In case you are interested, here are the books we are using as we begin to Listen and Learn.
1. How to be an Antiracist by Ibram X. Kendi
Antiracism is a transformative concept that reorients and reenergizes the conversation about racism— and, even more fundamentally, points us toward liberating new ways of thinking about ourselves and each other. At its core, racism is a powerful system that creates false hierarchies of human value; its warped logic extends beyond race, from the way we regard people of different ethnicities or skin colors to the way we treat people of different sexes, gender identities, and body types. Racism intersects with class and culture and geography and even changes the way we see and value ourselves. In How to Be an Antiracist, Kendi takes readers through a widening circle of antiracist ideas—from the most basic concepts to visionary possibilities—that will help readers see all forms of racism clearly, understand their poisonous consequences, and work to oppose them in our systems and in ourselves.
2. Pushout: The Criminalization of Black Girls in Schools by Monique W. Morris
In a work that Lisa Delpit calls “imperative reading,” Monique W. Morris (Black Stats, Too Beautiful for Words) chronicles the experiences of Black girls across the country whose intricate lives are misunderstood, highly judged—by teachers, administrators, and the justice system—and degraded by the very institutions charged with helping them flourish. Called “compelling” and “thought-provoking” by Kirkus Reviews, Pushout exposes a world of confined potential and supports the rising movement to challenge the policies, practices, and cultural illiteracy that push countless students out of school and into unhealthy, unstable, and often unsafe futures.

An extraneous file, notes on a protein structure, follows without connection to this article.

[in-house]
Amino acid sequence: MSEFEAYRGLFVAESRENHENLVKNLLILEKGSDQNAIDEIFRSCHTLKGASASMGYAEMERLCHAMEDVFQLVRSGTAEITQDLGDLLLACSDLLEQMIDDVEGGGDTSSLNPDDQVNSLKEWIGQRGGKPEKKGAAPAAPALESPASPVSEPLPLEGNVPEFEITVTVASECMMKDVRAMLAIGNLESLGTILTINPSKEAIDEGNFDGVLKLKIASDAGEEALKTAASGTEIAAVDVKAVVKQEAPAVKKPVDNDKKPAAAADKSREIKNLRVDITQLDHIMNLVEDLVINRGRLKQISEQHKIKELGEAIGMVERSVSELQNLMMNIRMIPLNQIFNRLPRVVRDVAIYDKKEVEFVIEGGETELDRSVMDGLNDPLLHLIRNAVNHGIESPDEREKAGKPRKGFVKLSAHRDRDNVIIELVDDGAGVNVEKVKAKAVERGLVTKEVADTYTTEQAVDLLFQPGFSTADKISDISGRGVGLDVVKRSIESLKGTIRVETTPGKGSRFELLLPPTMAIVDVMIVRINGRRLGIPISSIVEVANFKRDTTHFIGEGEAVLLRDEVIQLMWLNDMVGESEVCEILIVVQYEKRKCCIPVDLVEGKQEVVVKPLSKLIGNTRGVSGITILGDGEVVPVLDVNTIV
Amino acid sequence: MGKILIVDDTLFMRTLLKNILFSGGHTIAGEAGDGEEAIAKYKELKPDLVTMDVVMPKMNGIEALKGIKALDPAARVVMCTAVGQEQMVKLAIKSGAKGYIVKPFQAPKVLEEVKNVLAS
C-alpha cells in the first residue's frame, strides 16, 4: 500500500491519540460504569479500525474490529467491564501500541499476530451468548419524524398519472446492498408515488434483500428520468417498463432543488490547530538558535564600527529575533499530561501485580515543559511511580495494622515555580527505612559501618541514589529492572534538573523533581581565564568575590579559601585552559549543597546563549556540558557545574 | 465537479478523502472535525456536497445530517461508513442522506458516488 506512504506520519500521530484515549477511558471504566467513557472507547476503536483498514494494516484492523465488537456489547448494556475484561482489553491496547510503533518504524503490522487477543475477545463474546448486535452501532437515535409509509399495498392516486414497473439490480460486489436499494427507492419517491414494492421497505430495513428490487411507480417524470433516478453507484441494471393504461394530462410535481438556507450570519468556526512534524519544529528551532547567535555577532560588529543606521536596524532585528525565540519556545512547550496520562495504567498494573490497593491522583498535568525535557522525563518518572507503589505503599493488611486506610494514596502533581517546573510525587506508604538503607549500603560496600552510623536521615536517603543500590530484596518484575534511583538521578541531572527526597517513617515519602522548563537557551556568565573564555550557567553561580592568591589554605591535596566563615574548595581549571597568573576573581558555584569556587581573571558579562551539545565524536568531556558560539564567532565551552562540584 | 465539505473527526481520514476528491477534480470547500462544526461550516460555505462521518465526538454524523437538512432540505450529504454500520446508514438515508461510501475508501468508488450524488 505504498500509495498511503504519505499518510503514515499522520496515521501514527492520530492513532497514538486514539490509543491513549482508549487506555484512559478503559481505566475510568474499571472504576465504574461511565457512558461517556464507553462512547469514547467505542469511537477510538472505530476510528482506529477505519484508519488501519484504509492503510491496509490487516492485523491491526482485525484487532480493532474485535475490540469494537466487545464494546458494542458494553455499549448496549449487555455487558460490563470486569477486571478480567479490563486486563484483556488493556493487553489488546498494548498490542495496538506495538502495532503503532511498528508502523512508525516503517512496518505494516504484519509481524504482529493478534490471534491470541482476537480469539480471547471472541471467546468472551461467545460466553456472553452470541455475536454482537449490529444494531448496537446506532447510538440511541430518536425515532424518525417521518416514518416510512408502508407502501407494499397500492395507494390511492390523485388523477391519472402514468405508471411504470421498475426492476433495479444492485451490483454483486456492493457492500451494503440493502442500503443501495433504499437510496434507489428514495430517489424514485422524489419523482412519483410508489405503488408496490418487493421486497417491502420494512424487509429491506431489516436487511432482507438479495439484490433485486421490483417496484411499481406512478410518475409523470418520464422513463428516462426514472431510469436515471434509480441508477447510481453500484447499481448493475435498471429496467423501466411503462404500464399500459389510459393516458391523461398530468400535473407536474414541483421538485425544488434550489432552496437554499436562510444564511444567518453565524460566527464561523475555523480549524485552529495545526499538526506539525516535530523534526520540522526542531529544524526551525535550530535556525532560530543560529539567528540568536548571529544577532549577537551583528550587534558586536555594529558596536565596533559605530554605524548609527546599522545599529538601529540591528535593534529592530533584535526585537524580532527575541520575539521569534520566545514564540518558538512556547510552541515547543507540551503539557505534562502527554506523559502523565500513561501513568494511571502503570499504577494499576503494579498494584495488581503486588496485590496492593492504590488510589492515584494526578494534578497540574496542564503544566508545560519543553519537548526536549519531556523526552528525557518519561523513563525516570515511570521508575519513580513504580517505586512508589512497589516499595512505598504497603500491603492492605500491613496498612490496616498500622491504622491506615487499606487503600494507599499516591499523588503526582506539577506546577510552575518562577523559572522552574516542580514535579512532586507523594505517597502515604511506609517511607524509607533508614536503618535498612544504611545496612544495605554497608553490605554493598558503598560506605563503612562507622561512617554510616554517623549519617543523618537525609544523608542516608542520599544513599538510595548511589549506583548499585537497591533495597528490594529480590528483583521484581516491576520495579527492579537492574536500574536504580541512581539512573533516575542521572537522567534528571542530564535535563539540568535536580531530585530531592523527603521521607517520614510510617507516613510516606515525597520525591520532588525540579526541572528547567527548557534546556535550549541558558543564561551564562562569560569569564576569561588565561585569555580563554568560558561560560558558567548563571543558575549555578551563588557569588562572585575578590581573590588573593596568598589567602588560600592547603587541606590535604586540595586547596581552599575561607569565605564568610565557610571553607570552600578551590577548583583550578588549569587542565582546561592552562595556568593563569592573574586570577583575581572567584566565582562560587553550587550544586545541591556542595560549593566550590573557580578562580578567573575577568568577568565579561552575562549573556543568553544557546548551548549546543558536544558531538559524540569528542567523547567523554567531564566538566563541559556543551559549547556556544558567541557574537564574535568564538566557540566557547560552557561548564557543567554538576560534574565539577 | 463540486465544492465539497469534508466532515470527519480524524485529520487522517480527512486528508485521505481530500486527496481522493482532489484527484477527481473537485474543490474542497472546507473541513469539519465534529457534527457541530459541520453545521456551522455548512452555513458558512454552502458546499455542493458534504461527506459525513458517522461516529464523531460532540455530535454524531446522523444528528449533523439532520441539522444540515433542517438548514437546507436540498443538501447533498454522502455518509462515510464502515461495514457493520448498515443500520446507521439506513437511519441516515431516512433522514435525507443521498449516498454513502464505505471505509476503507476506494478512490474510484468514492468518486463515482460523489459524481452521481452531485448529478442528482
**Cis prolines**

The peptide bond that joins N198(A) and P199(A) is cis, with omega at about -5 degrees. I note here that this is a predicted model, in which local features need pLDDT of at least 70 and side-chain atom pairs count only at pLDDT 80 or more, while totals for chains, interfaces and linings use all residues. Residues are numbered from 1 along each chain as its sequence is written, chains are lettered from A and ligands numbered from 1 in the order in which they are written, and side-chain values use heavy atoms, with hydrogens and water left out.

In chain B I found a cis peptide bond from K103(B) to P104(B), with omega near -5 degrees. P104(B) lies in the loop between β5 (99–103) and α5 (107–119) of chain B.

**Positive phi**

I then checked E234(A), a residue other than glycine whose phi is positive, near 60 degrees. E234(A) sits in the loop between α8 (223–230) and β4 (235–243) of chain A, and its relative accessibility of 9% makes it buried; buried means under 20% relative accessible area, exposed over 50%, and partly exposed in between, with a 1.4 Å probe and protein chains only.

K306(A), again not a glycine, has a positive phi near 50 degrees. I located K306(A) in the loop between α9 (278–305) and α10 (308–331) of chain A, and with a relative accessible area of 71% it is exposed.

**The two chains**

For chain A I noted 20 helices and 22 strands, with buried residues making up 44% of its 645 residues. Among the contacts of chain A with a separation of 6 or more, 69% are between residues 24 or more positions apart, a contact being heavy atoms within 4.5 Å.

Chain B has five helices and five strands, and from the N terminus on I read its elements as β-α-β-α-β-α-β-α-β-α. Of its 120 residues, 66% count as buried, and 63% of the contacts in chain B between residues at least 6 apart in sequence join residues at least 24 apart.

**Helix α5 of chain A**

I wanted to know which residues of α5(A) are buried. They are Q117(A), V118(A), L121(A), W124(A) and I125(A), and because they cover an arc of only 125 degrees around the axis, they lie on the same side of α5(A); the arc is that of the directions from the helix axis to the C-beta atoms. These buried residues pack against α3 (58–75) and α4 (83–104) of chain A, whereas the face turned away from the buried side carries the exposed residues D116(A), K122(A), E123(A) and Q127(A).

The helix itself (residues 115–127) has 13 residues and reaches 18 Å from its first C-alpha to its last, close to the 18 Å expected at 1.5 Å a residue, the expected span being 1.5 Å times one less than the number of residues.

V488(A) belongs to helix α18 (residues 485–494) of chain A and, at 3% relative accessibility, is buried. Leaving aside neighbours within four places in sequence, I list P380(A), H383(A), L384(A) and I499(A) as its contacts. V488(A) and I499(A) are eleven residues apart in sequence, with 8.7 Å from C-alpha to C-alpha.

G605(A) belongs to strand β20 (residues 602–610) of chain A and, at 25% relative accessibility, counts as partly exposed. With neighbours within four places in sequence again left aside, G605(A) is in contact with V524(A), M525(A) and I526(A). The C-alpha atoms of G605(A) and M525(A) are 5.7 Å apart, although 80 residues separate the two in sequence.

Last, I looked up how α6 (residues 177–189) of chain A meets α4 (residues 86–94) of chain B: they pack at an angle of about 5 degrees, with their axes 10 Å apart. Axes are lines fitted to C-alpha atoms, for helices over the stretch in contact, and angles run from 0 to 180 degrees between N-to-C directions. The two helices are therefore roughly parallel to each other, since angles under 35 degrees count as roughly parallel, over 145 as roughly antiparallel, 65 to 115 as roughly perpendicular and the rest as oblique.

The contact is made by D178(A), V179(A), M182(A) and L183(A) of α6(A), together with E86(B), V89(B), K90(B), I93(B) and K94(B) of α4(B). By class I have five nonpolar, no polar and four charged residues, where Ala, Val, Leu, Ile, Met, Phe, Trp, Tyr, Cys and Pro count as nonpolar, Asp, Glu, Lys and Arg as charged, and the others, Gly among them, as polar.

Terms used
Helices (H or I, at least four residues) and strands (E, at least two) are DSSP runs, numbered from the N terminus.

White Fragility: Why its so Hard for White People to Talk about Racism by Robin DiAngelo
In this “vital, necessary, and beautiful book” (Michael Eric Dyson), antiracist educator Robin DiAngelo deftly illuminates the phenomenon of white fragility and “allows us to understand racism as a practice not restricted to ‘bad people’ (Claudia Rankine). Referring to the defensive moves that white people make when challenged racially, white fragility is characterized by emotions such as anger, fear, and guilt, and by behaviors including argumentation and silence. These behaviors, in turn, function to reinstate white racial equilibrium and prevent any meaningful cross-racial dialogue. In this in-depth exploration, DiAngelo examines how white fragility develops, how it protects racial inequality, and what we can do to engage more constructively.
Equity Matters Dialogue